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477 Possible Causes for Head Jerking

  • Insect Bite

    Use tweezers to grasp the tick firmly at its head or mouth, next to the skin.[] Pull firmly and steadily upward on the tick until it lets go (do not twist or jerk the tick), then swab the bite site with alcohol.[]

  • Autosomal Dominant Spastic Ataxia Type 1

    OMIM : 57 Hereditary spastic ataxia comprises a heterogeneous group of progressive neurodegenerative disorders characterized by lower-limb spasticity and generalized ataxia with dysarthria, impaired ocular movements, and gait disturbance. Spastic ataxia-1 (SPAX1) is an autosomal dominant form of the disorder with[…][]

  • Essential Tremor

    These tics can range from simple to complex and include eye blinking, head jerking, jumping, grunting or throat-clearing, and touching an object repeatedly.[]

  • Blepharospasm

    Facial grimacing, visual problems, head jerking as well as eye blinking are some of the common examples of tics.[]

  • Roaf's Syndrome

    Tics can include head jerks, coughs, yelling, or involuntary acts of aggression. For many, living with Tourette is deeply isolating .[]

  • Tic Disorder

    Examples of these movements are eye blinking, head jerking, nose twitching, or shoulder shrugging.[] There are two types of tics: Motor : Sudden movements of the muscles, often involving a specific body part (eye blinking, facial movements, shoulder shrugging, head jerking[] Tic Disorders Various muscle groups Head jerking Squinting Blinking Shrugging Grimacing Nose-twitching Any excessively repeated movements Foot tapping Leg jerking Scratching[]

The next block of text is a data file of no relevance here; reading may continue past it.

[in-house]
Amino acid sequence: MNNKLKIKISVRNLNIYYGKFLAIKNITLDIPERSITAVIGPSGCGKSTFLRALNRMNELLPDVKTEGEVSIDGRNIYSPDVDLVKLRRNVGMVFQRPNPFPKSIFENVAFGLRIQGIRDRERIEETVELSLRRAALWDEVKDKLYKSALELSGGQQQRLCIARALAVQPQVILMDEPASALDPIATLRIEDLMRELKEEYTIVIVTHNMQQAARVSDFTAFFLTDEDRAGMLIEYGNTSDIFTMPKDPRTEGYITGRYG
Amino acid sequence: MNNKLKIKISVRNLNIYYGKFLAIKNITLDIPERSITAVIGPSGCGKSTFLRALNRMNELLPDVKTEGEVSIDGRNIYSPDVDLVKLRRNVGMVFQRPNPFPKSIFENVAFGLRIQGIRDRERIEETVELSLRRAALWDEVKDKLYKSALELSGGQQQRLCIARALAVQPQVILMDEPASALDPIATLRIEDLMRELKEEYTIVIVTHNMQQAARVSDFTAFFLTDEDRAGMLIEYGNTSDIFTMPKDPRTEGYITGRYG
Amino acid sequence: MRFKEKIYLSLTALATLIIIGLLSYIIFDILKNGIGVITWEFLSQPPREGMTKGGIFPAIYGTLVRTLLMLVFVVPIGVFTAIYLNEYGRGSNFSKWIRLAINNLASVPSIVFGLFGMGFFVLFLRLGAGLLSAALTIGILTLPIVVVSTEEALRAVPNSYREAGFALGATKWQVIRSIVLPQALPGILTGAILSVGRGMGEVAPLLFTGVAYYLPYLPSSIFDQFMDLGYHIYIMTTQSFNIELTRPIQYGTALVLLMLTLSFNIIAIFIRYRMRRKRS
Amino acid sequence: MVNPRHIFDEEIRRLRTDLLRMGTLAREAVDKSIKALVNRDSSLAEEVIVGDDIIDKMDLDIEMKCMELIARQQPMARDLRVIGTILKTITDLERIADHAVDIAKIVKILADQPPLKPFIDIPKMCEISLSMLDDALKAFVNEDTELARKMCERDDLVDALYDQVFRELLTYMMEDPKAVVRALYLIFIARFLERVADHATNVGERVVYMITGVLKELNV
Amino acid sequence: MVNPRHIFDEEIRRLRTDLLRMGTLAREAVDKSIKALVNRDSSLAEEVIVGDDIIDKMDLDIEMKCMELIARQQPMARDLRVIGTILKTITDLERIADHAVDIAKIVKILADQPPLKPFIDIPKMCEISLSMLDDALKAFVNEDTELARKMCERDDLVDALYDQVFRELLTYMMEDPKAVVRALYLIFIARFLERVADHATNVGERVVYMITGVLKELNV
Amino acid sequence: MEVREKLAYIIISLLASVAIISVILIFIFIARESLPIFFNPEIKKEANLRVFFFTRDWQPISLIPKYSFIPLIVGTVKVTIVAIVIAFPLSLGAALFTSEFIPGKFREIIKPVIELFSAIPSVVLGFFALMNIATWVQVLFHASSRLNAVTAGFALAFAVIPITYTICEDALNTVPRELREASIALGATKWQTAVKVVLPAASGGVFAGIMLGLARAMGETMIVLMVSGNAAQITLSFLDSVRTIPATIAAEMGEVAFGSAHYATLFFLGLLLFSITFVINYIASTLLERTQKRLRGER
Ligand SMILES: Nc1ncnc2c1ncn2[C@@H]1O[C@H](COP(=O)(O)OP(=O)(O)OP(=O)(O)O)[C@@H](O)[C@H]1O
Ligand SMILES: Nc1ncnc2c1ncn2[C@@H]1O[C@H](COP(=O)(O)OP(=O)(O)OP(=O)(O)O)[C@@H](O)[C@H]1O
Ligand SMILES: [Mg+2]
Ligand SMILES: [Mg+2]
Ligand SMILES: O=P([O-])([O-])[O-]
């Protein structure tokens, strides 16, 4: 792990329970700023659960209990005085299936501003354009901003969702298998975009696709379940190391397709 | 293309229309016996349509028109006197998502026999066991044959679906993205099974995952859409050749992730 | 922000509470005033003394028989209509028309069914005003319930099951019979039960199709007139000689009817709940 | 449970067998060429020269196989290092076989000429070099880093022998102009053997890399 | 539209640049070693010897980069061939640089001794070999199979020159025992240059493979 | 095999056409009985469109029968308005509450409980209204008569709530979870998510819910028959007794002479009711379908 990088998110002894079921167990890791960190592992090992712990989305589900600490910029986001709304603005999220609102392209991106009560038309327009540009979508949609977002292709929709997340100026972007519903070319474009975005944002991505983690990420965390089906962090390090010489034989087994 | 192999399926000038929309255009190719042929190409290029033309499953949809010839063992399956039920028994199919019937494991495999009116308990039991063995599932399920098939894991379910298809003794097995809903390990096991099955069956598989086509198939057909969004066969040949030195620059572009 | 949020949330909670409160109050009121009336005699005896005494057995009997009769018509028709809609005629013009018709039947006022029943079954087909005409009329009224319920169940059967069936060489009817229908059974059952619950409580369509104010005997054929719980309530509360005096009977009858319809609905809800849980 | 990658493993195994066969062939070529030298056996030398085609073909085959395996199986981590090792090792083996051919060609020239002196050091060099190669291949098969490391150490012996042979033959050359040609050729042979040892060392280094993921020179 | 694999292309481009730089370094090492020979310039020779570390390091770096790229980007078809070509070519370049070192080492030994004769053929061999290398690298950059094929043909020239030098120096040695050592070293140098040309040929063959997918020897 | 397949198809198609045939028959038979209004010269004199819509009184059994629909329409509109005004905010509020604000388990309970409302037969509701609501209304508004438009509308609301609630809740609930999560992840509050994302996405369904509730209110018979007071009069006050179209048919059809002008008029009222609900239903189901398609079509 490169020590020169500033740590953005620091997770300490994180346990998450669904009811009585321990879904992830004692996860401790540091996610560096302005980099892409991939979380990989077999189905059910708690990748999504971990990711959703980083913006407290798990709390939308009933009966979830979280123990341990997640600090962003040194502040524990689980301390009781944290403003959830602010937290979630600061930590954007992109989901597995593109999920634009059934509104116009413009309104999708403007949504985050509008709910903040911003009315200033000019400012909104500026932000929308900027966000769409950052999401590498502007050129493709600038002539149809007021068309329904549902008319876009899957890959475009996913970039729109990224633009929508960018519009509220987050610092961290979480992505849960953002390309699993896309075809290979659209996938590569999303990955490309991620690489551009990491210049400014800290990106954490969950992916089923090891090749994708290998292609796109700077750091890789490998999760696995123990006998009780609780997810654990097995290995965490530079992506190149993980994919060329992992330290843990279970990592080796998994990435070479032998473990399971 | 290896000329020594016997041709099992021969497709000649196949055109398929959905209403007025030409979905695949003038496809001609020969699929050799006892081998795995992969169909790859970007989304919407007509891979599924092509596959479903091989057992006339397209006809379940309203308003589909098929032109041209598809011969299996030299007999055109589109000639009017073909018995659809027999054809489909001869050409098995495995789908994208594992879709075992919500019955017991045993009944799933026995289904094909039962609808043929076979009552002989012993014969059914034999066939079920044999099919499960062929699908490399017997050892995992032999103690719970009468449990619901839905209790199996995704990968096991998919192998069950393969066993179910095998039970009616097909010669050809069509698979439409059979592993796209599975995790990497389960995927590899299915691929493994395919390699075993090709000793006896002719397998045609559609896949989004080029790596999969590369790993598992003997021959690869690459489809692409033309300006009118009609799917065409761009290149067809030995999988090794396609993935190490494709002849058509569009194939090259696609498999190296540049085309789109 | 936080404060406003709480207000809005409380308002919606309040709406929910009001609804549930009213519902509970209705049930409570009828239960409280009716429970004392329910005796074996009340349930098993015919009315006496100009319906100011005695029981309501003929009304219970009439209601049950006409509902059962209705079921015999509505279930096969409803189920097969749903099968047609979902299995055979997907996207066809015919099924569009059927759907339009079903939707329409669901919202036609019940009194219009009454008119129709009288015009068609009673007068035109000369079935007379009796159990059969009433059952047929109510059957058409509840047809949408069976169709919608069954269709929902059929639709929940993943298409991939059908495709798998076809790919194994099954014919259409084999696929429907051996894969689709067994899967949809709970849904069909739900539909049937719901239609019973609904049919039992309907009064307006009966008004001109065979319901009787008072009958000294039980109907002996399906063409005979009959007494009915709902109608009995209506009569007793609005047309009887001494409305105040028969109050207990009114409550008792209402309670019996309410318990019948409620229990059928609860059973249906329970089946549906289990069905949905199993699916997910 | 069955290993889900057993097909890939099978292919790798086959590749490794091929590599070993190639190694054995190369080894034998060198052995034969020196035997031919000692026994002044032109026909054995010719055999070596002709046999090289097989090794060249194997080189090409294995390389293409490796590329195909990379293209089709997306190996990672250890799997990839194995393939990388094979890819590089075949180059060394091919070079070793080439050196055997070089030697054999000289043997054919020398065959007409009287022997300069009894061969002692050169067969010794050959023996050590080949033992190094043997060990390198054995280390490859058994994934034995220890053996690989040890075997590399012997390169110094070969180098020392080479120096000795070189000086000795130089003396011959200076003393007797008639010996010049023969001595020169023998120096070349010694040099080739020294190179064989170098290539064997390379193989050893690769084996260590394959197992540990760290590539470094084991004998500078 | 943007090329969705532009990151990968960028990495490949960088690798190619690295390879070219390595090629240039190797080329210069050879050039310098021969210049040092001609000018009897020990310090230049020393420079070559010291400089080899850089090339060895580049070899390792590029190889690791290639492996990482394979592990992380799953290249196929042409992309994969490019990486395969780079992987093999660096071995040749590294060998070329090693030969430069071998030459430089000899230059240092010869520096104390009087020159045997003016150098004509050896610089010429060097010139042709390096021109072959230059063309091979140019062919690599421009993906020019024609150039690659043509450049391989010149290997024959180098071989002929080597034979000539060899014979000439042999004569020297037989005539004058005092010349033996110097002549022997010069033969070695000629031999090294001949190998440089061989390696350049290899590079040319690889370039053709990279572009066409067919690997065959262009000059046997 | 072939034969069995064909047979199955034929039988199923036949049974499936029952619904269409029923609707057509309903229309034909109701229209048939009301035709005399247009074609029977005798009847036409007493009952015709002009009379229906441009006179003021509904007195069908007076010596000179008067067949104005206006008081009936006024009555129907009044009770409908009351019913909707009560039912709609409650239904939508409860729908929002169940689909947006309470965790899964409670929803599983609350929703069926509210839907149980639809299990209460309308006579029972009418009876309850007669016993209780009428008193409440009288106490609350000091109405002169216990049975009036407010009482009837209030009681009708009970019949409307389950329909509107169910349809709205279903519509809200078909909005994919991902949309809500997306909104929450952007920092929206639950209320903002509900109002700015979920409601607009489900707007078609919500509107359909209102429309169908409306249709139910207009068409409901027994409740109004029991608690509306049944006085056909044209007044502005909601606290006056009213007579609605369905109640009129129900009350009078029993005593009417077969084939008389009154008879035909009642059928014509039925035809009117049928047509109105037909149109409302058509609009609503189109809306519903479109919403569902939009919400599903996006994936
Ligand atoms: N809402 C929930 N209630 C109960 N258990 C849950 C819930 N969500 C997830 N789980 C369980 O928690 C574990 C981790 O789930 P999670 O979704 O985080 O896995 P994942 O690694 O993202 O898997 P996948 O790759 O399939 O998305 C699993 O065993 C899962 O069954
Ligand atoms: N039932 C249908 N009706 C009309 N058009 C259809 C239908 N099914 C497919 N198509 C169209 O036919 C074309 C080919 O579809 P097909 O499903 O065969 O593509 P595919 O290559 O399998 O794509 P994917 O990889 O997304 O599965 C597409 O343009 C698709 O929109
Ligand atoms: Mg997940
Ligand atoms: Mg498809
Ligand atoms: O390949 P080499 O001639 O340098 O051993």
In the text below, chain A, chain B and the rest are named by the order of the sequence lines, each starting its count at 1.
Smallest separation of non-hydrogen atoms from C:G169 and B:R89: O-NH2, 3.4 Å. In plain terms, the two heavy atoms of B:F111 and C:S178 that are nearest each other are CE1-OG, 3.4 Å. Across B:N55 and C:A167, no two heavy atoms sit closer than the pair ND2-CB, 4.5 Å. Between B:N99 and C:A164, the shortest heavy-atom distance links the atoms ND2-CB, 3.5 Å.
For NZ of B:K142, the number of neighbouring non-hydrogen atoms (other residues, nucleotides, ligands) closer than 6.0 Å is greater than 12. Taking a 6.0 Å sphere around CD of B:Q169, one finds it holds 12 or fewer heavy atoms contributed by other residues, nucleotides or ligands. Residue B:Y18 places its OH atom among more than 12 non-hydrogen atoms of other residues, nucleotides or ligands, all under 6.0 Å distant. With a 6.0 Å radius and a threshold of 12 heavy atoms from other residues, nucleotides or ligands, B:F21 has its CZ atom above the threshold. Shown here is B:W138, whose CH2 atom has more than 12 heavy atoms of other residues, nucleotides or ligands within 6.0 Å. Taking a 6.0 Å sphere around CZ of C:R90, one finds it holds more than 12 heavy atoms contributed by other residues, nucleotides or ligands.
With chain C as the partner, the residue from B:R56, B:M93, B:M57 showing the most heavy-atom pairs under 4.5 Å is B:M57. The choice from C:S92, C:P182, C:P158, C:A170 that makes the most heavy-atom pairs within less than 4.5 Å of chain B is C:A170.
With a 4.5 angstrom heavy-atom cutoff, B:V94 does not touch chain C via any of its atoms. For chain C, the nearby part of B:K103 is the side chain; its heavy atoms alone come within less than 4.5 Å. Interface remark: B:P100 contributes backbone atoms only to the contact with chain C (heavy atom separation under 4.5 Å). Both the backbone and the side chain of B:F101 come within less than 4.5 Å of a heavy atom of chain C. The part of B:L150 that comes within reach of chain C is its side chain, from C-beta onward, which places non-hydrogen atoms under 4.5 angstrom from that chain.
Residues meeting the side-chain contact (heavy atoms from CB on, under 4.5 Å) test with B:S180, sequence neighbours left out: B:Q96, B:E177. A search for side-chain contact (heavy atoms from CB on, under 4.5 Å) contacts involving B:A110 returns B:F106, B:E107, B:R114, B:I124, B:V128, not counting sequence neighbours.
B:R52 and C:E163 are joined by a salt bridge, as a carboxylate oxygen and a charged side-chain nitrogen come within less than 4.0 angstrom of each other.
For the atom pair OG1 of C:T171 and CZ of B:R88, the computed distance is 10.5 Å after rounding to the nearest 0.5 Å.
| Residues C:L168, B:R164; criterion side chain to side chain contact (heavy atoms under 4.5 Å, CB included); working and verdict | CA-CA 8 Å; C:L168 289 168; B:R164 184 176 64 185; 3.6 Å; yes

• Seat Belt Injury

    Uncontrolled head jerking is not stopped during head-on collisions, which can result in whiplash and head injuries.[]

  • Congenital Deafness

    Neonatal responses Startling reflex (Responds to loud sound) Aural-palpebral reflex Change in heart rate Change in pattern of respiration Backward head jerk Moro reflex (increase[]

  • Abnormal Eye Movement

    Head jerking or shaking may also occur. These tics do not typically indicate a serious problem, but may stem from factors such as stress or eye strain.[] When the eye movements show excessive or unusual jerking at rest or with head position change or in response to looking in one direction or another (up, down or to either[] An abnormal eye or head movements may also stem from a “tic,” a condition common in children.[]

  • King Syndrome

    The verbal behaviours of repetitions, prolongations and blocks plus the secondary struggle behaviours of eye twitching, head jerking and mouth/facial contortions, are all[]

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